Tiny Project 1: Project Zomboid Mod
23 November 02020
The genesis for this project was the three part Soviet Womble video essay on DayZ, which got me thinking about different kinds of gamemodes that could be created with relativly simple mods. One of those game modes is assassin, based on the live action game of the same name, where everyone is given a target to kill (in real life it is played with nerf guns or sharpies to indicate kills). I've been playing project zomboid recently, and I knew that it was fairly easy to mod, so I decided to go for it. I gave myself a week to do it (inspired by this post that I saw on HN), and it more or less works with just hundred lines of code. I found out towards the end that I was actually not playing on the most recent build, and that more recent and popular build didn't have multiplayer yet, so I would just have to sit on this mod until that happens. It did have local co-op though, which was useful for testing, but not actually playing. So, here are three lessons I learned from it:
Lesson 1: Documentation is always more important than you think
The project zomboid documentation is non-existant and that's a travesty. The most useful things I found were a half-finished user-generated modding guide, and a list of events that the engine listens for. Other than that I pretty much had to search through code for useful functions to use in my mod. Becuase of their poor documentation, the devs probably missed out on at least one top tier mod, the kind that people buy your game to play. The lesson here is that if anyone else will ever or modify see your code, write documentation even if it's bare-bones. It's not just a good thing to do for them, but it's also a good thing to do for yourself since you will also benefit.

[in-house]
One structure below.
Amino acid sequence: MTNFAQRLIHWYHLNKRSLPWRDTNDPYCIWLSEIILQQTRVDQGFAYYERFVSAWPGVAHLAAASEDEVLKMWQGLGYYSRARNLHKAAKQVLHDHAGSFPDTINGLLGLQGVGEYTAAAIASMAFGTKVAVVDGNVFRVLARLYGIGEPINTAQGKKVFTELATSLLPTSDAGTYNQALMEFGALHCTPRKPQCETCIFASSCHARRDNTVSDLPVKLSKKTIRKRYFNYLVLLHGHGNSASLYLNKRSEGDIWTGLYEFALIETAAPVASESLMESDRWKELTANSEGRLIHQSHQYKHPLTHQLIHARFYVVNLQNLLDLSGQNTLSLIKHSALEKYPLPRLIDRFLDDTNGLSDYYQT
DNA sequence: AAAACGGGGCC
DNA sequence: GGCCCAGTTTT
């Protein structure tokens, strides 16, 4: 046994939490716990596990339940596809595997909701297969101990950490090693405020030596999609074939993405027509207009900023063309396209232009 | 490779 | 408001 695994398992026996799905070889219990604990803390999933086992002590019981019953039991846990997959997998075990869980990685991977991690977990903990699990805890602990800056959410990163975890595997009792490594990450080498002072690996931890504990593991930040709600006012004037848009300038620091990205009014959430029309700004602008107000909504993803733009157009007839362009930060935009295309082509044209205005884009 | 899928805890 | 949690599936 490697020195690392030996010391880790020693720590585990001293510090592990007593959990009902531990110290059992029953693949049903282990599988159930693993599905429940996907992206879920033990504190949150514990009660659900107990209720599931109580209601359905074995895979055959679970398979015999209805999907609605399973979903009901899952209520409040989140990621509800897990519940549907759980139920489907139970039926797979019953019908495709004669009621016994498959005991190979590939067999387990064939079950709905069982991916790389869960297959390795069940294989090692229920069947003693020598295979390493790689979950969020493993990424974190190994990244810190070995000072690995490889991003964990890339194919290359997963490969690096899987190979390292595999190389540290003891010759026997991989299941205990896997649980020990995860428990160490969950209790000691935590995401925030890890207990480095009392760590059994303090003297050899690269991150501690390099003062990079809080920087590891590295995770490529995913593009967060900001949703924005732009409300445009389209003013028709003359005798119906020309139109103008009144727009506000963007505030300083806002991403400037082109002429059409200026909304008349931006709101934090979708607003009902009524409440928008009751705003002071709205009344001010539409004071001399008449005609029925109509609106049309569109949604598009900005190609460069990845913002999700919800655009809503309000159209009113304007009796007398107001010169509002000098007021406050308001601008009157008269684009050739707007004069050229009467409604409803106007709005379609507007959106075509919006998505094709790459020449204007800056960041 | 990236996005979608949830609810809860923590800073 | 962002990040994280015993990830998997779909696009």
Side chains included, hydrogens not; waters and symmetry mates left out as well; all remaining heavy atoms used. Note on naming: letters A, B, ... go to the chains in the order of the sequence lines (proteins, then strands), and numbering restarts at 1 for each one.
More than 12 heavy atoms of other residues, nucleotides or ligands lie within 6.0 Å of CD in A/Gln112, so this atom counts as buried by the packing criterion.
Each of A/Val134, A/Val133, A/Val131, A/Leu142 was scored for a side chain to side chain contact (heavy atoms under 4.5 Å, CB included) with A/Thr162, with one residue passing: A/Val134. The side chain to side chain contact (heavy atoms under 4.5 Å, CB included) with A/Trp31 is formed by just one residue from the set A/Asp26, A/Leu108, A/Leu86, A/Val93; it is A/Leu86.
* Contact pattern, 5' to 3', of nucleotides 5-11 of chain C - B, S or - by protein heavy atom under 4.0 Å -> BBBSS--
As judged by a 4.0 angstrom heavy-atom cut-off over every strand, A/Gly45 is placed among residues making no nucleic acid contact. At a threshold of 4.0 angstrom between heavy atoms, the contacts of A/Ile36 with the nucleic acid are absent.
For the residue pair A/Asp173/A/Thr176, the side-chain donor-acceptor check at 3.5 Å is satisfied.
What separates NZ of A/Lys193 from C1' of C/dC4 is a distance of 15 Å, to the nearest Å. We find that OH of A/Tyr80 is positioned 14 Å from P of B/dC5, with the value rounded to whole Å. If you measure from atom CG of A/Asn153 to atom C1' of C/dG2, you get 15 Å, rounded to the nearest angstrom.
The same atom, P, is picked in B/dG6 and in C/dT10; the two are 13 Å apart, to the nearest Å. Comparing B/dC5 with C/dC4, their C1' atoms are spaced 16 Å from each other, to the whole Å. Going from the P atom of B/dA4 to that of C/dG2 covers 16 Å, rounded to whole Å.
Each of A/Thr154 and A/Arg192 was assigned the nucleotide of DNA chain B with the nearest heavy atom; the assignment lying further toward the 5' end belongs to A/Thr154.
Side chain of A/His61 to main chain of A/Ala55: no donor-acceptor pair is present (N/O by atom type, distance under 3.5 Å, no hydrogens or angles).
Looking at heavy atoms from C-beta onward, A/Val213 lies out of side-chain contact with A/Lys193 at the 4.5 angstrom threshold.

Lesson 2: Sometimes you can start to build things before their pre-requisites exist
I have a large list of ideas that I decided not to pursue becuase their pre-requisites weren't in place. For example, a pre-requisite to asteroid mining is cheap and reliable spaceflight, and probably a way to refuel in space. If I had known from the beginning that multiplayer didn't work in the newest project zomboid build, I wouldn't have pursued this idea. The reality is that you can build and validate things before the project becomes really feasible, and in the time your doing that those pre-requisites start to catch up. Additionally your project may still be useful before those pre-requities are in place, which will help you get some traction in your push to build the full thing.
Lesson 3: Work arounds are good in the beginning
Rather than build my own events to listen for, I just used items that players can click to start the game or locate their targets. Items are really easy to add into the game, and building events are very hard. When you have to finish the project soon, you have to use every work around you have. That calculus may change as project mature though. In the beginning you never know if the project will fall on its face or actually be useful to people, so it's not worth it to spend a ton of time doing things the right way if the right way takes a lot of effort. As with all lessons, this may not be true in all instances, since some work arounds are easier to fix than others.
If you want to check out the mod it's available on the steam workshop.